Application of lidocaine rapidly induced a blockade of axonal transport, as monitored by HRP transfer from the optic tectum to the eye. The effects of lidocaine and related molecules on axonal transport are well documented in the literature (Fink et al., 1972; Byers et al., 1973; Bisby, 1975; Fink and Kish, 1976; Lavoie et al., 1989). Lidocaine is believed to produce its inhibitory effect by an uncoupling of oxidative phosphorylation (Haschke and Fink, 1975), with a consequent interruption of ATP supply to the transport mechanism. This mechanism of block suggests that along with retrograde transport of HRP, retrograde transport of endogenous target-derived trophic factors would be affected as well.
At concentrations lower than required for interference with transport, lidocaine prevents the propagation of action potentials by blocking Na+ channels. Blockade of membrane excitability, however, cannot be responsible for the observed increase in the level of RGC death, because it has been shown that silencing electrical activity produces no change in the number of dying ganglion cells (Fawcett et al., 1984; O’Leary et al., 1986a,b; Friedman and Shatz, 1990; Galli-Resta et al., 1993).
In the first 10 postnatal days, more than half of the entire rat RGC population disappears because of natural cell death, which is currently thought to reflect a competition for limiting amounts of survival signals secreted by the targets (Oppenheim, 1991; Johnson and Deckwerth, 1993; Korsching, 1993; Silos-Santiago et al., 1995). Our results are consistent with a role for axonal transport in RGC survival. Indeed, a transient disconnection of RGCs from their central targets significantly increases the amount of cell death. The duration of blockade consistently correlates with the extent of cell loss under experimental conditions in which morphological analysis rules out any direct injury or pathological alteration of the nerve.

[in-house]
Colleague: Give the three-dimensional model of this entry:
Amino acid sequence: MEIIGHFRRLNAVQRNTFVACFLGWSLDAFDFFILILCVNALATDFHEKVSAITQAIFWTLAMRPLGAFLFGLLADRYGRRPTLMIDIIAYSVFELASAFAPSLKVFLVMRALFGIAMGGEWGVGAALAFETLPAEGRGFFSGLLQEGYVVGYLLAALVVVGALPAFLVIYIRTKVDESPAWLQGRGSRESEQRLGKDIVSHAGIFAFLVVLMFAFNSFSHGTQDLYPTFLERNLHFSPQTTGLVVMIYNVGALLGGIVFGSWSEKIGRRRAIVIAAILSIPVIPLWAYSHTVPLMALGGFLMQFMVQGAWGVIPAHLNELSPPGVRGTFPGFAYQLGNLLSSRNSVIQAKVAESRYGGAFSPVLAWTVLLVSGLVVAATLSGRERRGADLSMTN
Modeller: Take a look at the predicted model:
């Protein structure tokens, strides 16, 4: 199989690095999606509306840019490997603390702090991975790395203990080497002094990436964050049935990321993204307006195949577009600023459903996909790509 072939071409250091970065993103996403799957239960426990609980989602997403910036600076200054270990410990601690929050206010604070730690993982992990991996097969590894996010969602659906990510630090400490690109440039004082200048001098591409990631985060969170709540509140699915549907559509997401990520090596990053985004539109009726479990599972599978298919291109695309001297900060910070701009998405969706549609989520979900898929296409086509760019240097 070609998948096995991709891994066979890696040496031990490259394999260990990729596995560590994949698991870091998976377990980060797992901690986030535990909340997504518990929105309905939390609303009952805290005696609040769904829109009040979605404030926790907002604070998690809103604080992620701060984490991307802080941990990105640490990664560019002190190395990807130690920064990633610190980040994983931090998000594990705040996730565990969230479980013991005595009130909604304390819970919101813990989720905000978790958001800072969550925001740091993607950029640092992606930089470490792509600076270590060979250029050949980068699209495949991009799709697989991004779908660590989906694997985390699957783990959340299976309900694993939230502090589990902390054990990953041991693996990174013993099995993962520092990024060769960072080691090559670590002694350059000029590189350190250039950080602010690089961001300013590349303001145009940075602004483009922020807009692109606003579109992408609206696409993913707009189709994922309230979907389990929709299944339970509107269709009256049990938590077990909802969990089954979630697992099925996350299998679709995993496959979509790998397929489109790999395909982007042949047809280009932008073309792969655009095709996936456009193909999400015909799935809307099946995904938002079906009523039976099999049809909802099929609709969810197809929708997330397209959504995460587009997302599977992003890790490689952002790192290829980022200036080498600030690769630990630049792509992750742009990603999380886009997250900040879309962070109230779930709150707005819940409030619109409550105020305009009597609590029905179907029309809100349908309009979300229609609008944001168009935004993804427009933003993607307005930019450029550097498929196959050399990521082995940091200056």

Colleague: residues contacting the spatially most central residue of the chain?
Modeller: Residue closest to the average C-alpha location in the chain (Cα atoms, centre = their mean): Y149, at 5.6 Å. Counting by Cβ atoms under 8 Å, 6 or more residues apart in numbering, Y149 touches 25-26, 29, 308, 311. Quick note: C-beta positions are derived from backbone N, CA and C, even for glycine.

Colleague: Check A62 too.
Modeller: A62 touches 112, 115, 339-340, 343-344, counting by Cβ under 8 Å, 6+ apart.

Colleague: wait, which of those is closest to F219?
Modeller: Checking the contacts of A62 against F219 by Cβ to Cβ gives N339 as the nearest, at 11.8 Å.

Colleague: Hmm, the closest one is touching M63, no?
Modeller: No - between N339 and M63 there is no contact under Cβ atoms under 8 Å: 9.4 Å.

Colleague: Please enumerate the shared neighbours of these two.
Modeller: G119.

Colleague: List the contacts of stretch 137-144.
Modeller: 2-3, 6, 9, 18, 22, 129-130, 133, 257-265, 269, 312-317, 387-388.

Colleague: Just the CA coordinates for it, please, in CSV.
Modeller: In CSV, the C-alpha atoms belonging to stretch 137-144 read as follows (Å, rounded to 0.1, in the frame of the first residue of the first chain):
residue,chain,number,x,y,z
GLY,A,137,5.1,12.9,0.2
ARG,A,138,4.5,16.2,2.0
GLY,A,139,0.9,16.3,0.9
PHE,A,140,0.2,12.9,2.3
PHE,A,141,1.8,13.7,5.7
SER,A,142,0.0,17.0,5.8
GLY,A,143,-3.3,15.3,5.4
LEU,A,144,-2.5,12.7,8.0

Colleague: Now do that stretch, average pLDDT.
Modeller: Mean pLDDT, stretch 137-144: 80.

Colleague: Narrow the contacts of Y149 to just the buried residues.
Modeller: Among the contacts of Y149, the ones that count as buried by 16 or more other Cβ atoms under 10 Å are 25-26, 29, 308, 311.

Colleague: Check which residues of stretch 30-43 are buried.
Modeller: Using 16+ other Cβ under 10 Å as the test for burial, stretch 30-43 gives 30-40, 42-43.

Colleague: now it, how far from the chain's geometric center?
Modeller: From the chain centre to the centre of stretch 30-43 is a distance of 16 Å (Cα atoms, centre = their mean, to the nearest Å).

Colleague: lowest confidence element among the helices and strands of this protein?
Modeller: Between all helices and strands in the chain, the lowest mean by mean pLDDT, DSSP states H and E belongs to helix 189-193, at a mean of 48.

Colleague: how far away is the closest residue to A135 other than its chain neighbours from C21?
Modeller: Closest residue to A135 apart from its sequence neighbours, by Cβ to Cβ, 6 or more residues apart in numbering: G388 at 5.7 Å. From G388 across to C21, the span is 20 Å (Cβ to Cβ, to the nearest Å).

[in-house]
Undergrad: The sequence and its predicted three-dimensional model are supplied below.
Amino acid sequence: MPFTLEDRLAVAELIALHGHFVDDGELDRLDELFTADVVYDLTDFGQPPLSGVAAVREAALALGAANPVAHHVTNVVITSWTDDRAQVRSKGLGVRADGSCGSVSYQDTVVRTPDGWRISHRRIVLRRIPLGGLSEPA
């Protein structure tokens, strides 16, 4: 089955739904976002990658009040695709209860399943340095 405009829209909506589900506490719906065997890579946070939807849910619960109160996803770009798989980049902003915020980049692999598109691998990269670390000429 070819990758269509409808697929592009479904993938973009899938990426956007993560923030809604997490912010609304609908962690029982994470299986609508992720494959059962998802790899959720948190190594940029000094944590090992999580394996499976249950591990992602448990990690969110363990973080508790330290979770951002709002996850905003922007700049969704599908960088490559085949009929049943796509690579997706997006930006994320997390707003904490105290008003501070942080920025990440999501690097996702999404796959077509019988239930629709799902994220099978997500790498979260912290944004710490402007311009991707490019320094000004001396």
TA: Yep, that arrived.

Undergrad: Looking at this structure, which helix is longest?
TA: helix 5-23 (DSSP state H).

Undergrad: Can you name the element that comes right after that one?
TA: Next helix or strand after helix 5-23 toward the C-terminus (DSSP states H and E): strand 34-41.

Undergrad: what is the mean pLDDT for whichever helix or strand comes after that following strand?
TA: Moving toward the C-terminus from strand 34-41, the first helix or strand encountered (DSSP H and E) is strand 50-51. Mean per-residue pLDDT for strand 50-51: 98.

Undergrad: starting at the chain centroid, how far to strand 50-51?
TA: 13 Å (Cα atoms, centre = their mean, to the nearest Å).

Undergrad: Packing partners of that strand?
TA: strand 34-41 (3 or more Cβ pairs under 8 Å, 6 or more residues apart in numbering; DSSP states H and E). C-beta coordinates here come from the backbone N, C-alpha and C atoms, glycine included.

Our results are in agreement with previous studies (Hughes and McLoon, 1979; Pearson et al., 1981; Tong et al., 1982; Carpenter et al., 1986;Vanselow et al., 1990) showing that removal of target support in the absence of axonal injury is sufficient to increase the level of RGC death. Early ablation of the tectum (before RGC innervation) leads to a dramatic increase in the number of degenerating ganglion cells in the chick (Hughes and McLoon, 1979; Vanselow et al., 1990). Excitotoxic lesion of the neonatal rat superior colliculus (sparing retinocollicular axons) results in a substantial reduction of the number of RGCs that survive the period of natural cell death (Carpenter et al., 1986). Finally, surgical ablation of the occipital cortex in the neonatal cat leads to retrograde degeneration of the dLGN and consequent transneuronal loss of RGCs that project to the dLGN (Pearson et al., 1981; Tong et al., 1982). In all of these paradigms, cell loss is simply attributable to deprivation of contact with the target population.